Over the weekend, while conversing with a friend about movies we’d both recently watched, my friend commented that she’s been working her way through the four Indiana Jones films.
I quickly stopped her and jokingly told her there are only three Indiana Jones movies, as the series surely stopped at Indiana Jones and the Last Crusade (1989)! Of course I know that’s not true, there is a fourth entry – Indiana Jones and the Kingdom of the Crystal Skull (2008) – but I don’t particularly care for it and as such disregard it whenever possible.
We then both laughed, making light of the fact that neither of us particularly liked the fourth Indy movie and that in our opinion the series should have stopped with three movies. But as neither of us were involved with the production of the Indiana Jones films (more’s the pity), we have to graciously accept that four do exist.
As the conversation continued I noted that while I used to own all four films on DVD, when I upgraded to digital HD I made the decision not to re-buy Crystal Skull. My reasoning? Well, if I don’t particularly enjoy it, why upgrade? That’s not to say that I want it erased from existence, I appreciate many people like it, but it is to say that it simply does nothing for me, so now I just ignore it.
I grew up with the original Indiana Jones trilogy and would watch the movies whenever they aired on TV. As a child, I often reenacted scenes from the series (pretending I was Indy, of course) and as such they became an important part of my childhood.
Although I also grew up when the Indiana Jones TV series aired, I never watched it. It simply didn’t grab my attention. I’ve never really followed any of the associated material (games, comics etc) either. My interest in Indiana Jones was and is purely connected to the original three films.
I appreciate that other forms of Indy exist and that at some point in the future, we’re likely to see the oft-rumoured Indiana Jones 5 arrive in cinemas. Do I particularly want to see it? No, but that’s mostly because, as mentioned above, I didn’t really like the fourth one so a further entry just doesn’t appeal.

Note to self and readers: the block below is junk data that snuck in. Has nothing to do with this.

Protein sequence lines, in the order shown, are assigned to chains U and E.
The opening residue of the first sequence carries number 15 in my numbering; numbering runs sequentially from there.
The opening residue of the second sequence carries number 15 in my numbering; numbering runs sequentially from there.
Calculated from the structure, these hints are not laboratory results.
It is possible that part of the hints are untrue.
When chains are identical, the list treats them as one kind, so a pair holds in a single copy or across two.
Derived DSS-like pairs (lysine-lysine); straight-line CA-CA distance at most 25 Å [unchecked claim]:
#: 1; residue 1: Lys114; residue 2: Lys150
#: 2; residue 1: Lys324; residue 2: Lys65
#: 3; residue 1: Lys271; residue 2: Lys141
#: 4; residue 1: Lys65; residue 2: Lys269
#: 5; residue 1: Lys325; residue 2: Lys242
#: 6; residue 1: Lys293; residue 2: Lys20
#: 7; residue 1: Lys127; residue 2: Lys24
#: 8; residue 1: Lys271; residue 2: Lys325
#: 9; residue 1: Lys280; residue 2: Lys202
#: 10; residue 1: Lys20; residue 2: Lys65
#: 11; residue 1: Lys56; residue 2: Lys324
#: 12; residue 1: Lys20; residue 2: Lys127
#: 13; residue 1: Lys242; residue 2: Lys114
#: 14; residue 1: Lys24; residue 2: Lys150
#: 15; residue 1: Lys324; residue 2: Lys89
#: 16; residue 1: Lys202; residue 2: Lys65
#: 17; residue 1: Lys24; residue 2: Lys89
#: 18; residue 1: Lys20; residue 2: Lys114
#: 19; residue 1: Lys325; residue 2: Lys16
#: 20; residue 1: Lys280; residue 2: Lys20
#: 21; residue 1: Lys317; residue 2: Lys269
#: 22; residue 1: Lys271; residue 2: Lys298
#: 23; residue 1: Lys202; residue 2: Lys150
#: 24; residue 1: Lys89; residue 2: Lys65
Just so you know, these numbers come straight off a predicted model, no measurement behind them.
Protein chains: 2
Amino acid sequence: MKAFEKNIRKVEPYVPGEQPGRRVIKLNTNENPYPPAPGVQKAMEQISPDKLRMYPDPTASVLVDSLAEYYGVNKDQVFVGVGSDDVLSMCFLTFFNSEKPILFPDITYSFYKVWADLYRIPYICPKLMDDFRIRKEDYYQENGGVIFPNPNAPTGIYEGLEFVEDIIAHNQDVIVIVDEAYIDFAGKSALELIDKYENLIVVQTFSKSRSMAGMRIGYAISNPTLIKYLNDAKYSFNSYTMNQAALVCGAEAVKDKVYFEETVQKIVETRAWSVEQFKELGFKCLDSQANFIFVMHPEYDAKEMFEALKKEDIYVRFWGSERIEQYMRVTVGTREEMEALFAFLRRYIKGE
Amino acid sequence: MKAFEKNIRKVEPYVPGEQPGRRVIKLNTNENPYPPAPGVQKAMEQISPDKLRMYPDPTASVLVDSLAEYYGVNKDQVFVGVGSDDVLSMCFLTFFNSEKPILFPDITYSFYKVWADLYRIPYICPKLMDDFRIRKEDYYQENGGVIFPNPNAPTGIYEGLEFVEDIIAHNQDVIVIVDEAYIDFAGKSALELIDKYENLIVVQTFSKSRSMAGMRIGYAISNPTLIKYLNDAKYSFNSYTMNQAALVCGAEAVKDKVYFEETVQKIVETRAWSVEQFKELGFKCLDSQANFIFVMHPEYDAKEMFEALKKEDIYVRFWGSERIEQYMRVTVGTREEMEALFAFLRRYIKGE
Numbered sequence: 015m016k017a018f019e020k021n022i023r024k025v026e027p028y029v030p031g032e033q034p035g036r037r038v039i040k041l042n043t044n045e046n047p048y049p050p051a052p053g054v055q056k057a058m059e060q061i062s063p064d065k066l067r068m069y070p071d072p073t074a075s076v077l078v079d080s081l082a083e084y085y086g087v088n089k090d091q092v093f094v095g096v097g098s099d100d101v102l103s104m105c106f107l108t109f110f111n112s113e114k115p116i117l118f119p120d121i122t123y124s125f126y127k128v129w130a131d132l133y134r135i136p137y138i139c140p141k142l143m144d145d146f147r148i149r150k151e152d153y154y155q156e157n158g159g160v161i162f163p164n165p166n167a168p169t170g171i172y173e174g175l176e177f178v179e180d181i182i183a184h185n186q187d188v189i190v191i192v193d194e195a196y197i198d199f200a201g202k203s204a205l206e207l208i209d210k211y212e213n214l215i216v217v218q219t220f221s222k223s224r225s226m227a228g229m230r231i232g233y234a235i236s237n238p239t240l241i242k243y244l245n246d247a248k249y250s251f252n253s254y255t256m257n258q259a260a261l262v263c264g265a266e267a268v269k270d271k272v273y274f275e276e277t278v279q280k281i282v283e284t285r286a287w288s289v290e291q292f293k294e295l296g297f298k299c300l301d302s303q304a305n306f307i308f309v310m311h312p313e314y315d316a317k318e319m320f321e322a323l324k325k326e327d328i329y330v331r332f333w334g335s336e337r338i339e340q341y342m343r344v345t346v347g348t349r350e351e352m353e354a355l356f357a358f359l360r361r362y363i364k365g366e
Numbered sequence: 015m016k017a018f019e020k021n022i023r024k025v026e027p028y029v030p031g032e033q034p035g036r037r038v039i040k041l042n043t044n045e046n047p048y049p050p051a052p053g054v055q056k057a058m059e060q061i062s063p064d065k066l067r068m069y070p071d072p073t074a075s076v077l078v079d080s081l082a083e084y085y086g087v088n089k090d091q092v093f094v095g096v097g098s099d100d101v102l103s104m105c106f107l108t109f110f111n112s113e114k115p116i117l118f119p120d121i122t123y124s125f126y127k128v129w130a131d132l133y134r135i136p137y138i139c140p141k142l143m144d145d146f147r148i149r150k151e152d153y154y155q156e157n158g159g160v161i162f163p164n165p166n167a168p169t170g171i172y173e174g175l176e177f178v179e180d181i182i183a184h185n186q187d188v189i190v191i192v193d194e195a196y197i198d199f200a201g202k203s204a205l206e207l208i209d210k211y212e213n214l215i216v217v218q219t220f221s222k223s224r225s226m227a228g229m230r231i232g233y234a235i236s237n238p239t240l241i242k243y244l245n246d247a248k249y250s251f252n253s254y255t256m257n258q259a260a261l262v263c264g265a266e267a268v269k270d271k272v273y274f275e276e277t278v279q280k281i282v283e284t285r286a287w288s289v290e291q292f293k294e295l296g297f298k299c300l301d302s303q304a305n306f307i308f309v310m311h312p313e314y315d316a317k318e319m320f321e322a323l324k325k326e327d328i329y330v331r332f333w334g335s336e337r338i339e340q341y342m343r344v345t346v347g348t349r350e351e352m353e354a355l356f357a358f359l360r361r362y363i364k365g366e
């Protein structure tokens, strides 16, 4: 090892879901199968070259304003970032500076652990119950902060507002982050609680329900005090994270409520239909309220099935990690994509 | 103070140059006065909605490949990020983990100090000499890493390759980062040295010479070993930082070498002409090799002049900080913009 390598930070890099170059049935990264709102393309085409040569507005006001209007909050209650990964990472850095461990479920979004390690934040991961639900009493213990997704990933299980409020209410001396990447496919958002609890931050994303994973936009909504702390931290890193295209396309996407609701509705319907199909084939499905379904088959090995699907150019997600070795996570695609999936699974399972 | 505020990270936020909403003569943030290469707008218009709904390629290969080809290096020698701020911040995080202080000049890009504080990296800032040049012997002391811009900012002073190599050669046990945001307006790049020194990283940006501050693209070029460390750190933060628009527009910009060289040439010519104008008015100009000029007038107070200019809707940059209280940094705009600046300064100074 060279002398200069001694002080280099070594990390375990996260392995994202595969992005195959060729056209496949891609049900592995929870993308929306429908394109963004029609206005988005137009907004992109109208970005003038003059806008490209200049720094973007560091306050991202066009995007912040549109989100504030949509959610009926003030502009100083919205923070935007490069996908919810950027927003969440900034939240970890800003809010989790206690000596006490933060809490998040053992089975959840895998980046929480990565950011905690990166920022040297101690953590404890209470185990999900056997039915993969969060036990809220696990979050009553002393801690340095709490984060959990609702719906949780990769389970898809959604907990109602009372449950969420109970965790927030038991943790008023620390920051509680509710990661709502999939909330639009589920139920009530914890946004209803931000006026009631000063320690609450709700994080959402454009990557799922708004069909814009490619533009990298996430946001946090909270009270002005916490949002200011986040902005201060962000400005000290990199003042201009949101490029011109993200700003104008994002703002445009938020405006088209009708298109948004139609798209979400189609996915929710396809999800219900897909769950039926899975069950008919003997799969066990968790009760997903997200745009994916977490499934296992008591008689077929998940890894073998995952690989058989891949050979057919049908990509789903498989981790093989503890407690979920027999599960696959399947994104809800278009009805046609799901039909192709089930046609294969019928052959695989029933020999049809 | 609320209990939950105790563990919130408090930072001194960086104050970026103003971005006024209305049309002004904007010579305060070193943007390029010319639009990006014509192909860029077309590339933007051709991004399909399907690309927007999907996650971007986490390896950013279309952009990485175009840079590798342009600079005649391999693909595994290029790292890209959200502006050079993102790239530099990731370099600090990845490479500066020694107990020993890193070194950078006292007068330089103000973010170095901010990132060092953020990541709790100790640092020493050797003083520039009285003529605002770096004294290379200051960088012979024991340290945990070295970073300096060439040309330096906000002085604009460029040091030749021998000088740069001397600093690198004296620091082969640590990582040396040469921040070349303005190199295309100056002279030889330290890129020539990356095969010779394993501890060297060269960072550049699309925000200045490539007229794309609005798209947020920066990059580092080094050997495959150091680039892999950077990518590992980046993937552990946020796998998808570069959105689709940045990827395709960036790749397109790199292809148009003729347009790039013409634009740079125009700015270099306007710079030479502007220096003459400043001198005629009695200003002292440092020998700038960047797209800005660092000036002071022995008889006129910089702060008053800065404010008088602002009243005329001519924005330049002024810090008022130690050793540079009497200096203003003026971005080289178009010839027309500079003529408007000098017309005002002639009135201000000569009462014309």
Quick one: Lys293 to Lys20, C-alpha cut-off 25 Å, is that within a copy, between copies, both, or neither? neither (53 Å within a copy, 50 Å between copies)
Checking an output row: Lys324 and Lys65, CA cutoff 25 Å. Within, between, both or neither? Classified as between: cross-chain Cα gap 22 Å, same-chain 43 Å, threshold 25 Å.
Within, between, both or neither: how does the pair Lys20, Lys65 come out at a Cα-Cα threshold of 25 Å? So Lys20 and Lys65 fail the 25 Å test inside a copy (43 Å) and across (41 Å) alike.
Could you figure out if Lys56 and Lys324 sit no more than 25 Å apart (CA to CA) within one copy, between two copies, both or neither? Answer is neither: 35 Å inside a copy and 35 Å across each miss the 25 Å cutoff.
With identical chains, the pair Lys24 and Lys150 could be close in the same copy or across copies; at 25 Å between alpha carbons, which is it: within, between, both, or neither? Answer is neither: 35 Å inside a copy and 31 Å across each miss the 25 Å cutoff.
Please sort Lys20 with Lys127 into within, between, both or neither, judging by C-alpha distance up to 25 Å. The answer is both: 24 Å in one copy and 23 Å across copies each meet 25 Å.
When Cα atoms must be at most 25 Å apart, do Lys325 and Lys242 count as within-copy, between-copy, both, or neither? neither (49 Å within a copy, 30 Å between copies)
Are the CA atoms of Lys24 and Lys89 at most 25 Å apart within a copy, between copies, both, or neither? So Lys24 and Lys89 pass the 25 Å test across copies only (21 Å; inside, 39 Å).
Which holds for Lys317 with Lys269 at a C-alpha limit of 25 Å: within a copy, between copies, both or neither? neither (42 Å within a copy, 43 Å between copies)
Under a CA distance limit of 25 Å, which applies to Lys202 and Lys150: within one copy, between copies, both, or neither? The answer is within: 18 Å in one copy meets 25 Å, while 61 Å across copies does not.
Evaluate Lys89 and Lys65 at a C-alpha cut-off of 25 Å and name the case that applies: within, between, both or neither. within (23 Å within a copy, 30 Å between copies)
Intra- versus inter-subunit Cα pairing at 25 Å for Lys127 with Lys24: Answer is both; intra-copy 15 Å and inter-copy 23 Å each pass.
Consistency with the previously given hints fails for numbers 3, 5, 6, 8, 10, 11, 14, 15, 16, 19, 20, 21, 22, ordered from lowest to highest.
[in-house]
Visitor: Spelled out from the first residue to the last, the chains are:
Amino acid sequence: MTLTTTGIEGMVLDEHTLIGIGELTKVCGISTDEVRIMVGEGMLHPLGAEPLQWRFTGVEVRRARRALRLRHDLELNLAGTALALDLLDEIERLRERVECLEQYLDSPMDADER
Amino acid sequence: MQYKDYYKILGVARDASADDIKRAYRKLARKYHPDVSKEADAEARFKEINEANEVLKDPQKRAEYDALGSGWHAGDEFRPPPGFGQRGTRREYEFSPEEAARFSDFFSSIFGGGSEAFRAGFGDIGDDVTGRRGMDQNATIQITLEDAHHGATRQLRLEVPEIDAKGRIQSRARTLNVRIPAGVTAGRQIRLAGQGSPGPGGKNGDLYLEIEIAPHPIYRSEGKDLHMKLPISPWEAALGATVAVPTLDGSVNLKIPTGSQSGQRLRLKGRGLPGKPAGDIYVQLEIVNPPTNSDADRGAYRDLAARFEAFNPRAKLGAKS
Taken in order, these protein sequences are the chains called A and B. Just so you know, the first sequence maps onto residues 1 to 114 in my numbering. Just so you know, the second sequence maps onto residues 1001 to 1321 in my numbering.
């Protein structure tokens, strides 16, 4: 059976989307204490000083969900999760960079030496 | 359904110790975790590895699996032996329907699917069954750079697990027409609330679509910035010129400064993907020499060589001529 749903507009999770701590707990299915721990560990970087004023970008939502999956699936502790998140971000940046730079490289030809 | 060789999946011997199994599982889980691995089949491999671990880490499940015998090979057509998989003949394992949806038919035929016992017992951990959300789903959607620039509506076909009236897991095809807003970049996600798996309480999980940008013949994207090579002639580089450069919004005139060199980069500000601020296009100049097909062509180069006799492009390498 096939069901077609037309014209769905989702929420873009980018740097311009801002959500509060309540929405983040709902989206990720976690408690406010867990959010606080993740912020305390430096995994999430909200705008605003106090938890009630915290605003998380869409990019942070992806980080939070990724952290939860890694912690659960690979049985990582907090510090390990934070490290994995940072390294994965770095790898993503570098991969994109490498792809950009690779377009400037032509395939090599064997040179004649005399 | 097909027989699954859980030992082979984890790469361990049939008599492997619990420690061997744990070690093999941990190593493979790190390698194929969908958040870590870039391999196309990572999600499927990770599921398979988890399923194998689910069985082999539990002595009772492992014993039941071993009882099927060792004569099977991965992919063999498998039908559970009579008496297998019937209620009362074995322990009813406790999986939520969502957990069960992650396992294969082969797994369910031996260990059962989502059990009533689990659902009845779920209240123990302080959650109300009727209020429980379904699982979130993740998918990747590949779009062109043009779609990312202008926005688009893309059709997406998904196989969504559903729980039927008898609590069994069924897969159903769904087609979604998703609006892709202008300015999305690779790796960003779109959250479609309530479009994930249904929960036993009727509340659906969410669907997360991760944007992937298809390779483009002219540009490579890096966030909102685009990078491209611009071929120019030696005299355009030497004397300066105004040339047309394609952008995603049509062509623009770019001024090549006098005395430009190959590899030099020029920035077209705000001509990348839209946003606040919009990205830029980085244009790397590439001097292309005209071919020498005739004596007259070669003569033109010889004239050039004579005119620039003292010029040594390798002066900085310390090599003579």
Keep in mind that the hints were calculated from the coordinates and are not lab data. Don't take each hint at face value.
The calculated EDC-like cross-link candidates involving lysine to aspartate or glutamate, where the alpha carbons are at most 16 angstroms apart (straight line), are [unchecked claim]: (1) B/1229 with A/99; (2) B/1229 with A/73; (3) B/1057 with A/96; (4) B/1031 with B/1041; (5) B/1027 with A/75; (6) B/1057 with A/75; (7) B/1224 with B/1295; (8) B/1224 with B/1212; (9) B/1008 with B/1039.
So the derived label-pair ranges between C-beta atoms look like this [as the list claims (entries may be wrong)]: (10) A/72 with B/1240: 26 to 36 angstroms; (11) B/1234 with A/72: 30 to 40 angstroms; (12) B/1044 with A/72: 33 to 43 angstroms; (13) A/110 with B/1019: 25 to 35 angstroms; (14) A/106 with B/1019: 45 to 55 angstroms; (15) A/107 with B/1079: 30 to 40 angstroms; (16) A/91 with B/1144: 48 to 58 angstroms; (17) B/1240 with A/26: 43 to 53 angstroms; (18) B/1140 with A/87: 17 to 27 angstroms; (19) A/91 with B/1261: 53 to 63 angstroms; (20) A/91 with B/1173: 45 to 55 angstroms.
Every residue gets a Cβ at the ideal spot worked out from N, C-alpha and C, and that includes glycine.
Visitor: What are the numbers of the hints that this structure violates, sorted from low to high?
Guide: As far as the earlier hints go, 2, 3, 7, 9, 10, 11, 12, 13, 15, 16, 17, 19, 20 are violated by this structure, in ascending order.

It’s the same for the Predator series, which recently returned to cinema screens with Shane Black’s The Predator (2018). As previously noted on the blog, I didn’t particularly like The Predator and as such I feel like I’m done with the series.
Looking back, I’ve not liked any of the Predator films other than the original. I adore the original, but the others just don’t fill me with any sense of enjoyment.
The reason I mention all this is because I’ve reached a point in my life where I’m fine with simply letting go. If something doesn’t work for me, even if it’s part of an ongoing series or a sprawling franchise, I’m completely happy with just leaving it be if it doesn’t connect with me.
I don’t own Indiana Jones. I don’t own the Predator. I don’t own any of these properties. I’m merely someone who has found enjoyment in these stories, because at one point in time they connected with me.
While I would love all of the characters of my childhood to continue to appeal to me again and again and again, I do realise that’s not likely to happen. At some point in time I will outgrow the material or it will outgrow me.
Over the last couple of years there has been a lot of chatter and backlash from fan bases unhappy with studios and the like, claiming that the latest iteration of the Ninja Turtles or ThunderCats or Star Wars is ‘ruining’ their childhood.
It’s not. It’s really not.
Times change, things change, people change.
The old material? It doesn’t change. It’s still there.
Joaquin Phoenix’s new Joker doesn’t replace Heath Ledger’s Joker or Cesar Romero’s Joker, he simply sits alongside these other Jokers.
If a film series takes a new direction and I don’t like it, it’s my choice whether I want to stick with it or not. Sure, I appreciate that some new material can retcon old stories, but that doesn’t mean I have to let it – I can stop watching before the retcon takes place.
I can watch the things I like and I can ignore the rest. I can hold onto the things that work and I can let go of the things that don’t.
The older I get, the less time I have in my life for things that don’t work. So, I leave them be and I appreciate the things that do.
I’m learning when to let go.